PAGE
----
Jun 26, 2008

America Becoming Land of Surveillance, West Virginia Too

Charleston surveillance camera

traffic cameras in West Virginia have multiplied

The right of the people to be secure in their persons, houses, papers, and effects, against unreasonable searches and seizures, shall not be violated

--the Fourth Amendment to the U.S. Constitution

All this increase in surveillance cameras, including in West Virginia, despite a lack of evidence that it is effective, or even evidence (mentioned in article below) that proves it is ineffective from UK studies. (See our previous "surveillance" tagged articles). But the security merchandisers (see WVDOT contractors here) are making a fortune and state and local governments are impulsively spending faster than a woman with a credit card. The source article states this:
P. Freeman said the domestic market for such systems last year had doubled over five years, to $9.2 billion, and estimated that it would more than double again by 2010, to more than $21 billion.

So you as a taxpayer are paying for your loss of liberty (4th amendment rights), while they profit, which is insult to injury. It is worth wondering how many government officials own stock in security companies (either individual stocks or mutual funds), which would be a conflict of interest (perhaps even insider trading) in that lawmakers and officials (including those heading state DMVs and DOTs) also profit through authorizing this spending.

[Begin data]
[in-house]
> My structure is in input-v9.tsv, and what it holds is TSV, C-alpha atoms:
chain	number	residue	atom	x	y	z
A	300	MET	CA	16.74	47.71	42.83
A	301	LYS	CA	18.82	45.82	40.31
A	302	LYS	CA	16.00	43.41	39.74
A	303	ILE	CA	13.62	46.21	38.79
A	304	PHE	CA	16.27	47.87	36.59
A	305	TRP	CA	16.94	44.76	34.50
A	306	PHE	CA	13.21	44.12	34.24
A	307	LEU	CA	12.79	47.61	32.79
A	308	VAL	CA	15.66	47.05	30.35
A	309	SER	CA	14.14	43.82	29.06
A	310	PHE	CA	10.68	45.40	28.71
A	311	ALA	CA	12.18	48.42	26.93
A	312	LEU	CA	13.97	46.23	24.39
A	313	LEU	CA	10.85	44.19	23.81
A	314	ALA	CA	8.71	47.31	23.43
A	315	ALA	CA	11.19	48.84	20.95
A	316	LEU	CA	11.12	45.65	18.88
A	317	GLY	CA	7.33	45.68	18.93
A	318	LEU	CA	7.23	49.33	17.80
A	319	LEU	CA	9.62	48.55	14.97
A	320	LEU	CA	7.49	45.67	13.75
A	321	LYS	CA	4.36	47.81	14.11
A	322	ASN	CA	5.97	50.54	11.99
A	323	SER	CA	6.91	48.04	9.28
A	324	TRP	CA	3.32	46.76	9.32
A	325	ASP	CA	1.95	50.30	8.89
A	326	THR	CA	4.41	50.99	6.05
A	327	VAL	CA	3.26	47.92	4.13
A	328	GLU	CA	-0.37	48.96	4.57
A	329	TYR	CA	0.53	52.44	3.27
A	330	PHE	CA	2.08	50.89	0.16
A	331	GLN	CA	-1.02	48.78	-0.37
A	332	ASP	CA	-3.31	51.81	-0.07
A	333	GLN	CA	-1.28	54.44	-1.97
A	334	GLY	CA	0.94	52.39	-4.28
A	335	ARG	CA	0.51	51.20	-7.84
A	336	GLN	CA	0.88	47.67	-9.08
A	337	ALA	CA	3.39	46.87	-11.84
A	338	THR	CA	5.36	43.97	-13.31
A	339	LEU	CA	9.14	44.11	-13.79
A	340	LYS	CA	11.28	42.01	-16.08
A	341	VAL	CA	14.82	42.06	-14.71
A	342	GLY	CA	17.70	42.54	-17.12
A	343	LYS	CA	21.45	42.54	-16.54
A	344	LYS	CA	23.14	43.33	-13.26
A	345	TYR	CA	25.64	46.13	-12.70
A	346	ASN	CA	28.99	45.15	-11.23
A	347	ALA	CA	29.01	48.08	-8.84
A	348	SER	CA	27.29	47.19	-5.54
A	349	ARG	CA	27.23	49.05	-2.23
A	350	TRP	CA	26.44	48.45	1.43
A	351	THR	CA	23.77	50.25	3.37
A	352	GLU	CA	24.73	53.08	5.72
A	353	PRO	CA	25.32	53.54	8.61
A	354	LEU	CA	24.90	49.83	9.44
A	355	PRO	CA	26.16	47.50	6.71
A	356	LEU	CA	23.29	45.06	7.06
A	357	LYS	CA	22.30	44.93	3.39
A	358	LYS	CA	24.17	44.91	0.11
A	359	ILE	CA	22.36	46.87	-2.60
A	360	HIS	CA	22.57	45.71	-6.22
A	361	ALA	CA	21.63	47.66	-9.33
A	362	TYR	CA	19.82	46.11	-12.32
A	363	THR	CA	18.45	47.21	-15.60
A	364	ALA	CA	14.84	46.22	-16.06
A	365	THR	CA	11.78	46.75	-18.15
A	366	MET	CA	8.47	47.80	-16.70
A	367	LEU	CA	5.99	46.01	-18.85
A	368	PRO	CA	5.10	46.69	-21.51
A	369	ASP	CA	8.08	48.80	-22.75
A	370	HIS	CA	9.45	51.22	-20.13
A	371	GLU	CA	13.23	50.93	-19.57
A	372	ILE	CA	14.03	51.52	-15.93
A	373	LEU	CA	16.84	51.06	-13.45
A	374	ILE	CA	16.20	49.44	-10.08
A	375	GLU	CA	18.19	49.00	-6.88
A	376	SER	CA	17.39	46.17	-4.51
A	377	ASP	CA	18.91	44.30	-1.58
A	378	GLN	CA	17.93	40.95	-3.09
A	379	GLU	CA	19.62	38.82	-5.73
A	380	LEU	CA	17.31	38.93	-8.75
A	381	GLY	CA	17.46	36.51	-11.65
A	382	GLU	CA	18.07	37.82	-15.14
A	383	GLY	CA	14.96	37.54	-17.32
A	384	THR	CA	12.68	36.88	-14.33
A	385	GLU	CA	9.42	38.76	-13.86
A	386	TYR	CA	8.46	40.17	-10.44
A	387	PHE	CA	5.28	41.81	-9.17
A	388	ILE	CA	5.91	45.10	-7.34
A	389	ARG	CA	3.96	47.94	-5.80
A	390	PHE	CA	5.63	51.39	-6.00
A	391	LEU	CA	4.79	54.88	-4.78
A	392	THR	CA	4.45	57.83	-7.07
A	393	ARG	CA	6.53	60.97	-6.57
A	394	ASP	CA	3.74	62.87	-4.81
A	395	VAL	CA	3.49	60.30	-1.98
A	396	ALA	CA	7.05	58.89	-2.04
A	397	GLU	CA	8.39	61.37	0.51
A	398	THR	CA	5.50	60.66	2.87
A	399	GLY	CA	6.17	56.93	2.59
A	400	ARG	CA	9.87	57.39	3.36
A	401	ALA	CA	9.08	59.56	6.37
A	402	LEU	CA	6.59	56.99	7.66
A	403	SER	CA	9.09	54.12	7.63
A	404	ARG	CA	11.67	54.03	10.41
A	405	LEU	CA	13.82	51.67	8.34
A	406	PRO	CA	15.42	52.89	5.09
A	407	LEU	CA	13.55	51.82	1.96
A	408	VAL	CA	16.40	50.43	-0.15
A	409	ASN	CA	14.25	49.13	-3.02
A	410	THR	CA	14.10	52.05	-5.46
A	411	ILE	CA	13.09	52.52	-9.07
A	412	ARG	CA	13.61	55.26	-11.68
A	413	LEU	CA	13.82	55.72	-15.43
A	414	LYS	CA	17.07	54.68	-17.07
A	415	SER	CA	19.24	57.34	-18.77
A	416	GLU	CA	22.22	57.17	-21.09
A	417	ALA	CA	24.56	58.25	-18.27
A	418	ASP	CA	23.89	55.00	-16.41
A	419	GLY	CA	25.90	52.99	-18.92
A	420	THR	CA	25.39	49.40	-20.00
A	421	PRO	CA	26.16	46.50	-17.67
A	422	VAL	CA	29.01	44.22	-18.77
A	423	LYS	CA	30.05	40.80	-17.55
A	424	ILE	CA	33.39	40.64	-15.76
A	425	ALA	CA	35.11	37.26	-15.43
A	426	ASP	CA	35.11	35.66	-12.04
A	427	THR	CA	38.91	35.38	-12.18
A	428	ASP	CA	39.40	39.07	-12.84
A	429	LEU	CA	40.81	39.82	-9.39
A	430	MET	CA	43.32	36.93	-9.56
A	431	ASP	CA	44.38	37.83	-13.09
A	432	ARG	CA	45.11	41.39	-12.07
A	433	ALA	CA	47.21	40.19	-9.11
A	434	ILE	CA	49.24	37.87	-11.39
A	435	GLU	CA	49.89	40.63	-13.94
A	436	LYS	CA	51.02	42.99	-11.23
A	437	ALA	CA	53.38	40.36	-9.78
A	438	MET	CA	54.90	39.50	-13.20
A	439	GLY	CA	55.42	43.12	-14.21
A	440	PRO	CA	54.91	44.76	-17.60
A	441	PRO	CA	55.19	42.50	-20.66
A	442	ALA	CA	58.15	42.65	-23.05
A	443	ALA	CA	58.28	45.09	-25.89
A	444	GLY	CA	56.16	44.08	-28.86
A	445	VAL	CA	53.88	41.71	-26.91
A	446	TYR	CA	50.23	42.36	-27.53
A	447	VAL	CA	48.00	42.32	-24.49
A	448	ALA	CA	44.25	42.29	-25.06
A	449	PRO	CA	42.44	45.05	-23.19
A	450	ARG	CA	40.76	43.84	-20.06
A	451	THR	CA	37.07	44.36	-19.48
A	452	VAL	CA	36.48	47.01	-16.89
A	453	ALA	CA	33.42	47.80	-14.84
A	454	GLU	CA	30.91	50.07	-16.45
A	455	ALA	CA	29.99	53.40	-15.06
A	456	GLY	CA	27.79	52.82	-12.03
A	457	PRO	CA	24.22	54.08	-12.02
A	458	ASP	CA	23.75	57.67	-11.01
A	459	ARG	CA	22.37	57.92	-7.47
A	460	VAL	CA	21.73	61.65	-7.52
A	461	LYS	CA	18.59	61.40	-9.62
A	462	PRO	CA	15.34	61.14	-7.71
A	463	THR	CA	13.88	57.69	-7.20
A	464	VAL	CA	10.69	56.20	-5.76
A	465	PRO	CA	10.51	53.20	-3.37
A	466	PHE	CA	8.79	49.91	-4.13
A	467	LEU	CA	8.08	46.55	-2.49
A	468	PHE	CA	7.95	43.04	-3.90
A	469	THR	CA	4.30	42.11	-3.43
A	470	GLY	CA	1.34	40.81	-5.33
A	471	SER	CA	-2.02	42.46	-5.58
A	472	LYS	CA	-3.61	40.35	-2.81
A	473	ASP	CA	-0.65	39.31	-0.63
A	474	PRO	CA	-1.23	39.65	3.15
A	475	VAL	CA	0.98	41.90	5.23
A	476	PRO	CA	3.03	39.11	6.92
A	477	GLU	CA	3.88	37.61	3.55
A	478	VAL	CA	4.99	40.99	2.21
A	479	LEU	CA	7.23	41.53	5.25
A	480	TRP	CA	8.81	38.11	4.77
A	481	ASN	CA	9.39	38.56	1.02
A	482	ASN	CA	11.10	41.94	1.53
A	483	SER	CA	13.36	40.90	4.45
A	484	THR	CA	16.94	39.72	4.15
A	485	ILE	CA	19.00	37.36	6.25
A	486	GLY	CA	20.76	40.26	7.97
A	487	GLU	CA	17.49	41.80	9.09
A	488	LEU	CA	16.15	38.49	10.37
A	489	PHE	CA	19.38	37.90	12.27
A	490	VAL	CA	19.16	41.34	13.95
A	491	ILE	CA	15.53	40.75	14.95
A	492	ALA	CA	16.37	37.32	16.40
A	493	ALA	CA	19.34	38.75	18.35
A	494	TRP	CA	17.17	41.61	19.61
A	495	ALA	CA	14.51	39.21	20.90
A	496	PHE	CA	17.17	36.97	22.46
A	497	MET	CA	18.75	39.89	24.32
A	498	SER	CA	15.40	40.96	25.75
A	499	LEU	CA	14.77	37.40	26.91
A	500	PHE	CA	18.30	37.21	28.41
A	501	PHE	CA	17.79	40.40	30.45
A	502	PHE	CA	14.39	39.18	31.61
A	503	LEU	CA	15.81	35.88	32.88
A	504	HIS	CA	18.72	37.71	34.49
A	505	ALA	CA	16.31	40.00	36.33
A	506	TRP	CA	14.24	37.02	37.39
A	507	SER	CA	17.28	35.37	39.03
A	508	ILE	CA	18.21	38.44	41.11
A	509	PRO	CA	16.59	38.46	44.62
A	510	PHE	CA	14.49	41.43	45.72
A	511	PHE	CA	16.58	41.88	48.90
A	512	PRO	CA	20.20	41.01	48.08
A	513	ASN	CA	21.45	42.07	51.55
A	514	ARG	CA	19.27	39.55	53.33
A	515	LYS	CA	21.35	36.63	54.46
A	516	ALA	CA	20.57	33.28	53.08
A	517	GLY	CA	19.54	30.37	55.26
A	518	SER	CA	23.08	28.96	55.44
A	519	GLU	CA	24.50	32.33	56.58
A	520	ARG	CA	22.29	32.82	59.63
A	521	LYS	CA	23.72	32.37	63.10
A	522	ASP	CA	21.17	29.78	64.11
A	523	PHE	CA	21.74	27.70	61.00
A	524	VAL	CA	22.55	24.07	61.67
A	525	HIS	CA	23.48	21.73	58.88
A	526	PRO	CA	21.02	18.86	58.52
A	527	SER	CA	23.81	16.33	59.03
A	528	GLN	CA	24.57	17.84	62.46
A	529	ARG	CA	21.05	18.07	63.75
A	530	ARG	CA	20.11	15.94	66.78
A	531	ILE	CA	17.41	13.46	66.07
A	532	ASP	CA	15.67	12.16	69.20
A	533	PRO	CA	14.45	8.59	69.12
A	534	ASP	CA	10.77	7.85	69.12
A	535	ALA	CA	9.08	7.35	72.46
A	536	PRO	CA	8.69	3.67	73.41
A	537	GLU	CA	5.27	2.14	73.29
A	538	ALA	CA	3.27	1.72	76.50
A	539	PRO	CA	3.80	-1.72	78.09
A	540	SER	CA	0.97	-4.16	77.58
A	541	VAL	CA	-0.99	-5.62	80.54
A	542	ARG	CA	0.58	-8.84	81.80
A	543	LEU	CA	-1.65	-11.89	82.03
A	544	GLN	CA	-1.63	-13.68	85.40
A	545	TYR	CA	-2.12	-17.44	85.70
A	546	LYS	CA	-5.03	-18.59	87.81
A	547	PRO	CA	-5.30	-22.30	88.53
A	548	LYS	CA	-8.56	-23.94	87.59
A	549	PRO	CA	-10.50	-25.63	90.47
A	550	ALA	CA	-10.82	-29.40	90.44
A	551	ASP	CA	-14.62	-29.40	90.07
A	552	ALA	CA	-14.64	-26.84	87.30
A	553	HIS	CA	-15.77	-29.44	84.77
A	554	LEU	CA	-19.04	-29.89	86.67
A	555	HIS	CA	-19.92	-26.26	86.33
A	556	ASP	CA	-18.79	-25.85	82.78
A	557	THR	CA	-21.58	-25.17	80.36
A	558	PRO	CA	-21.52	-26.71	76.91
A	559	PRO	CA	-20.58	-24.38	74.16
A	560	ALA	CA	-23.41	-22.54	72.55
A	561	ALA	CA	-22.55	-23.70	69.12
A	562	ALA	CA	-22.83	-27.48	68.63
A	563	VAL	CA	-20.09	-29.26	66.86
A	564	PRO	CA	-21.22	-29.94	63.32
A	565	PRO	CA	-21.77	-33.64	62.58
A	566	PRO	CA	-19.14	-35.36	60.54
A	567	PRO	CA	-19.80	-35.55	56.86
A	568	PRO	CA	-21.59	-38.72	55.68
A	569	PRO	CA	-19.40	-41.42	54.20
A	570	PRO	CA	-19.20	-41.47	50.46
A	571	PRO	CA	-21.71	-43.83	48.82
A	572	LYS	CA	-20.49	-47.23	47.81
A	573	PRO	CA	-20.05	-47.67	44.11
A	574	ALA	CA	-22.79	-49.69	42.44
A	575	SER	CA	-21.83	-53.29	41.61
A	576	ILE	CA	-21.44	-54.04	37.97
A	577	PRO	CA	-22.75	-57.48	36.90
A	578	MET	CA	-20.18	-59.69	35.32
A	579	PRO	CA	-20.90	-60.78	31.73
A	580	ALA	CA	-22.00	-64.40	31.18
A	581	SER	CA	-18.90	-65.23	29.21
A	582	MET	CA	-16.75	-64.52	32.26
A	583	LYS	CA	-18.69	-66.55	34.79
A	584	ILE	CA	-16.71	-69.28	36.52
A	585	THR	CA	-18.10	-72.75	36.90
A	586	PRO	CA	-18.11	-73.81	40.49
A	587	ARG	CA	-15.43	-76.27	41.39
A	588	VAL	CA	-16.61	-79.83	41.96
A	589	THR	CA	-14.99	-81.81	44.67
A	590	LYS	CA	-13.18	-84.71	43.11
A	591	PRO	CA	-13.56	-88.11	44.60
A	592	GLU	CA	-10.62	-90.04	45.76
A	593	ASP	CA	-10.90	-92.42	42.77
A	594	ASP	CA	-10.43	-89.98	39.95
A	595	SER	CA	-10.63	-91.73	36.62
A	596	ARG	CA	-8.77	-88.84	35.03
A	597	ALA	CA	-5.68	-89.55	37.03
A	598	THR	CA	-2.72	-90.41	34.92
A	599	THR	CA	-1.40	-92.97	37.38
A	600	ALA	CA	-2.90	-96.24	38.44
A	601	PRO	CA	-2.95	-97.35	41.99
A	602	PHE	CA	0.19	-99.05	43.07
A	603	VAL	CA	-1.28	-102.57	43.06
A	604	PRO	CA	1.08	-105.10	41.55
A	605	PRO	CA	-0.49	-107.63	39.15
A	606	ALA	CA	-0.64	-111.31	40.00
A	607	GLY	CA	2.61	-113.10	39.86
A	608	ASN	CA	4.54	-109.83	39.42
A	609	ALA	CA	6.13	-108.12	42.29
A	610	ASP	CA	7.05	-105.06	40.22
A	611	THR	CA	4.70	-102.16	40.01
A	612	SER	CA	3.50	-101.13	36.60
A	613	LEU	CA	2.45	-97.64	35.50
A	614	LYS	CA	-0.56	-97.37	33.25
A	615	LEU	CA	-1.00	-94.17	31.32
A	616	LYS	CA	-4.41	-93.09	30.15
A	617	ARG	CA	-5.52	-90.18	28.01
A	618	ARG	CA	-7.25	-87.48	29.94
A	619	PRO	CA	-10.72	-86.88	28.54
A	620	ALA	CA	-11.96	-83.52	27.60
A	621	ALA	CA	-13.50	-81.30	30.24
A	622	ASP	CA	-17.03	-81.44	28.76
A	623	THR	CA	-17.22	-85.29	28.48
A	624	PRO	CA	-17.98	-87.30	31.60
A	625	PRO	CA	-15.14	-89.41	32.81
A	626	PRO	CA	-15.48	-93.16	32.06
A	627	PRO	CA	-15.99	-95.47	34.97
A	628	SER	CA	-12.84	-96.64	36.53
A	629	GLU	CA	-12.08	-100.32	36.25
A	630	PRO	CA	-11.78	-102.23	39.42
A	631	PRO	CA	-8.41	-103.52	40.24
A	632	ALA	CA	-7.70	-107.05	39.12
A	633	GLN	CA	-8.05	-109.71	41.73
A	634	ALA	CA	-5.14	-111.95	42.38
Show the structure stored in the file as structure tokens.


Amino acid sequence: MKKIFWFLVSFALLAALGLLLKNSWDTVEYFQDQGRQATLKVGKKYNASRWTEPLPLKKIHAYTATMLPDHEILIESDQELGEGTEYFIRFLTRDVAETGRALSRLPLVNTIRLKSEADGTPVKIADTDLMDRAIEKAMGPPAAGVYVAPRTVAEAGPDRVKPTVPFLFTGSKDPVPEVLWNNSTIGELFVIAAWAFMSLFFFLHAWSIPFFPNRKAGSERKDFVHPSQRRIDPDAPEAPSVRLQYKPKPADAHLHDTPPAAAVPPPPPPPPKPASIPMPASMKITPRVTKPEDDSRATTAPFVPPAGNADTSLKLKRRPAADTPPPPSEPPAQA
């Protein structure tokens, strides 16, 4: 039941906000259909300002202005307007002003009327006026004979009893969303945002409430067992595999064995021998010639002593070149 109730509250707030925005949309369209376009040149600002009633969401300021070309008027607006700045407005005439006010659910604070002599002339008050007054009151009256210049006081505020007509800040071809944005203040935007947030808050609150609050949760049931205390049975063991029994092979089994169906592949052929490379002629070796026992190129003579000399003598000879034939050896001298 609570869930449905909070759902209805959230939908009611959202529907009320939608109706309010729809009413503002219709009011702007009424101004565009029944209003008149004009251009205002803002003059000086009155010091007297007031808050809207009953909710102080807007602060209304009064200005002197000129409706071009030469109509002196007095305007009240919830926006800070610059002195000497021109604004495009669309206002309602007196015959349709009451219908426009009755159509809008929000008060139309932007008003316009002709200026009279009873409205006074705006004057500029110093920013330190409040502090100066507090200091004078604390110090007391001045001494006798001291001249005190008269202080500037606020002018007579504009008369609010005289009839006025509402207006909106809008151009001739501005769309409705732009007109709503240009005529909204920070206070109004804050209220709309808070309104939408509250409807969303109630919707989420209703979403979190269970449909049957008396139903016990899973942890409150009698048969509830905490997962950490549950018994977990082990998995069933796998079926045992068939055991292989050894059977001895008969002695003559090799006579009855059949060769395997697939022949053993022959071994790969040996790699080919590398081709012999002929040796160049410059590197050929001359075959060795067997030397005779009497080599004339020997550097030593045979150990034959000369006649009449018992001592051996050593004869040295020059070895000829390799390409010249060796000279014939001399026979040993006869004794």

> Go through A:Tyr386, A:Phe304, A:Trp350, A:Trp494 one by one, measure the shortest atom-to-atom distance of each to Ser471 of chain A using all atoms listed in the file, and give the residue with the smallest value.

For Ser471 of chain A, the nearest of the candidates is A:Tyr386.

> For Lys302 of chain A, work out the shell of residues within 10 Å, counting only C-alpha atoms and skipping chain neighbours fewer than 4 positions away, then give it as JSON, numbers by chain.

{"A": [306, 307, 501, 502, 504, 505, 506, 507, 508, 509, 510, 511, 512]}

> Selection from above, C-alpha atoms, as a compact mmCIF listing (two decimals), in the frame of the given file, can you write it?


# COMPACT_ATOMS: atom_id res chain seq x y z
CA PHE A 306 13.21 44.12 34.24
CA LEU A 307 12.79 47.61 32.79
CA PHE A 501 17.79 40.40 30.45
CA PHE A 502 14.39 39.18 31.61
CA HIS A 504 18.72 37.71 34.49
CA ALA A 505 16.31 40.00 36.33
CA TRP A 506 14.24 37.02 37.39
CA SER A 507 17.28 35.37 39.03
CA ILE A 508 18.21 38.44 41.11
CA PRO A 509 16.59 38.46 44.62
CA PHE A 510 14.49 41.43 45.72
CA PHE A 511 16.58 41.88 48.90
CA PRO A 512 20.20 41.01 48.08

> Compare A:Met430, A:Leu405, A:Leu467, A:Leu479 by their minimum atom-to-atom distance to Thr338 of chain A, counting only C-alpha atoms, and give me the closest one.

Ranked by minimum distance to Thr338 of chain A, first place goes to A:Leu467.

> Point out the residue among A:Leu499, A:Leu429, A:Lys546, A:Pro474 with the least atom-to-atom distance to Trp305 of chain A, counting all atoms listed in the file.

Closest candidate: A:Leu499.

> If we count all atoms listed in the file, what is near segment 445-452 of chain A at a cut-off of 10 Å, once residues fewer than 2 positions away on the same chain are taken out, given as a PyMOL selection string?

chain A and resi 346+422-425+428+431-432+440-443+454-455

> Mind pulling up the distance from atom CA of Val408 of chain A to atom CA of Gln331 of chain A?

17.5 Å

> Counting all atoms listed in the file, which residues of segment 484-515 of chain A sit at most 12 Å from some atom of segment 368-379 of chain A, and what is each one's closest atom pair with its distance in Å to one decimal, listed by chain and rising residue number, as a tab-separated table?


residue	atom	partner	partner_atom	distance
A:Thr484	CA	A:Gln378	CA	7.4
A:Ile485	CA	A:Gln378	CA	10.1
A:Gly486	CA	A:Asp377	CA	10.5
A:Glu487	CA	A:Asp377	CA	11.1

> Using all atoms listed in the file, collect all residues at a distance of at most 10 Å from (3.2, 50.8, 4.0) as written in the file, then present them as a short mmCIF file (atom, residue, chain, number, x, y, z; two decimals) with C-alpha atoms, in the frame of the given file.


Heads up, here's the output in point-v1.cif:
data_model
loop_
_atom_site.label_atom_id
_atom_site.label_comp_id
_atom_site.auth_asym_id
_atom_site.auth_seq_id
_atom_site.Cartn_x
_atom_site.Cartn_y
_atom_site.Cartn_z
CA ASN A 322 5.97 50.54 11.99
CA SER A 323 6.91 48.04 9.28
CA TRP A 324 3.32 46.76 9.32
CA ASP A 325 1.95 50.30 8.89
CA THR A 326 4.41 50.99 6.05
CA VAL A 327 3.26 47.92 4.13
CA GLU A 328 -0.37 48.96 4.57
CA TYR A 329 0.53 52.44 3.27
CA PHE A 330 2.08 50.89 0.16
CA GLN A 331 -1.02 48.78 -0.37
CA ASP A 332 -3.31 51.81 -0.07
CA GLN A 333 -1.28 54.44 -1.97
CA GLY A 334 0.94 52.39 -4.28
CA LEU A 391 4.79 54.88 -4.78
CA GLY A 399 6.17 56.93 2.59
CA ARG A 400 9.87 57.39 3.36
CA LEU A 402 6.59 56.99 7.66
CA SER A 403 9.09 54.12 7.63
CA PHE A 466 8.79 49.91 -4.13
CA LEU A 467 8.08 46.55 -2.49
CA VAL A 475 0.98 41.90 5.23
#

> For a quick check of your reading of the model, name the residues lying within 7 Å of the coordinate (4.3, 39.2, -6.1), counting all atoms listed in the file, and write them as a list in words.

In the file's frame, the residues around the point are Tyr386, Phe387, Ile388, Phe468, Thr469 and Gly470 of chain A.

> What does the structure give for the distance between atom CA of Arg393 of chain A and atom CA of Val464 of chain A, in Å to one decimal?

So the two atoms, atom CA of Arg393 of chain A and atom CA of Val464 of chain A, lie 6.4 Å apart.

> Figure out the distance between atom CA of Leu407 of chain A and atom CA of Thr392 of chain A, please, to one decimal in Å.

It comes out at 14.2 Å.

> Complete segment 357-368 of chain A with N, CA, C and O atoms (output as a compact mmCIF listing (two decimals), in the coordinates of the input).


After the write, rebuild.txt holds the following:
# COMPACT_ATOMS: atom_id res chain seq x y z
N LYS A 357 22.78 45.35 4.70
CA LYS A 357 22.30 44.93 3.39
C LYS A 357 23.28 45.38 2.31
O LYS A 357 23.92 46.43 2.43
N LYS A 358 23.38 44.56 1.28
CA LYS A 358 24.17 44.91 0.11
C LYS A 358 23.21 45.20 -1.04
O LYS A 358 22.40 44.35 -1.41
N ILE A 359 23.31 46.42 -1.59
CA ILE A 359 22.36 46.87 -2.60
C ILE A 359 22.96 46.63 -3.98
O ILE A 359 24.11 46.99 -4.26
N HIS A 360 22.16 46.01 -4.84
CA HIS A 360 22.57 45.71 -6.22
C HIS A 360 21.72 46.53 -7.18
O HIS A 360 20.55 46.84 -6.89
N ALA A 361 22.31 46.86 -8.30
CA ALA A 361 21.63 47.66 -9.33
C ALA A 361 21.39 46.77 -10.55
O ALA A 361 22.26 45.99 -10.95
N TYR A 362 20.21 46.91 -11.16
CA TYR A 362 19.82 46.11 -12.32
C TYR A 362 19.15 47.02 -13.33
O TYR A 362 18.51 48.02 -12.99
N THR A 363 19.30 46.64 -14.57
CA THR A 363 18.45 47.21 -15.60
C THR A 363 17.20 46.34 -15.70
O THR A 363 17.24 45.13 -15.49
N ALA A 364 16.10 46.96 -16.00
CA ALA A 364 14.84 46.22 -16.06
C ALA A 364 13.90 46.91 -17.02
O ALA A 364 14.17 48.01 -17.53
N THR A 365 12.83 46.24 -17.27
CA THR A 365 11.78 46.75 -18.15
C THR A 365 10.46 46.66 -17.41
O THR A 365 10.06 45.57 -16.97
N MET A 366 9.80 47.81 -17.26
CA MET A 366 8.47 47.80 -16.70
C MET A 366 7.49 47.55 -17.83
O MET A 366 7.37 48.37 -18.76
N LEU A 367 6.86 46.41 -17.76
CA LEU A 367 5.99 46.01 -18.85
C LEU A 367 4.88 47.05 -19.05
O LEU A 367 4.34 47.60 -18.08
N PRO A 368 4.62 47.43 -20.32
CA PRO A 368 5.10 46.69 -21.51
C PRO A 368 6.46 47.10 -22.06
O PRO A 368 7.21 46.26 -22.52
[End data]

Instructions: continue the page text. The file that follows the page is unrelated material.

clipped from www.msnbc.msn.com

Smile! More and more, you’re on camera

Public surveillance video mushrooms despite lack of evidence it works

After the terrorist attacks of Sept. 11, 2001, local governments across the country set aside concerns over privacy and installed surveillance cameras in public streets and plazas.

Now — even after a damning report by the head of London’s extensive surveillance network and with little evidence that the systems work — police in many cities are trying to add thousands more cameras to their networks.

“‘Cameras Everywhere’ continues to be the best description of the trend in the video surveillance market,” security market analysts J.P. Freeman Co. said in a report in 2006 that estimated that a quarter of major U.S. cities were investing in the technology.

Officials in many cities are eager to take advantage of money from state and federal security agencies to install the cameras on street corners and intersections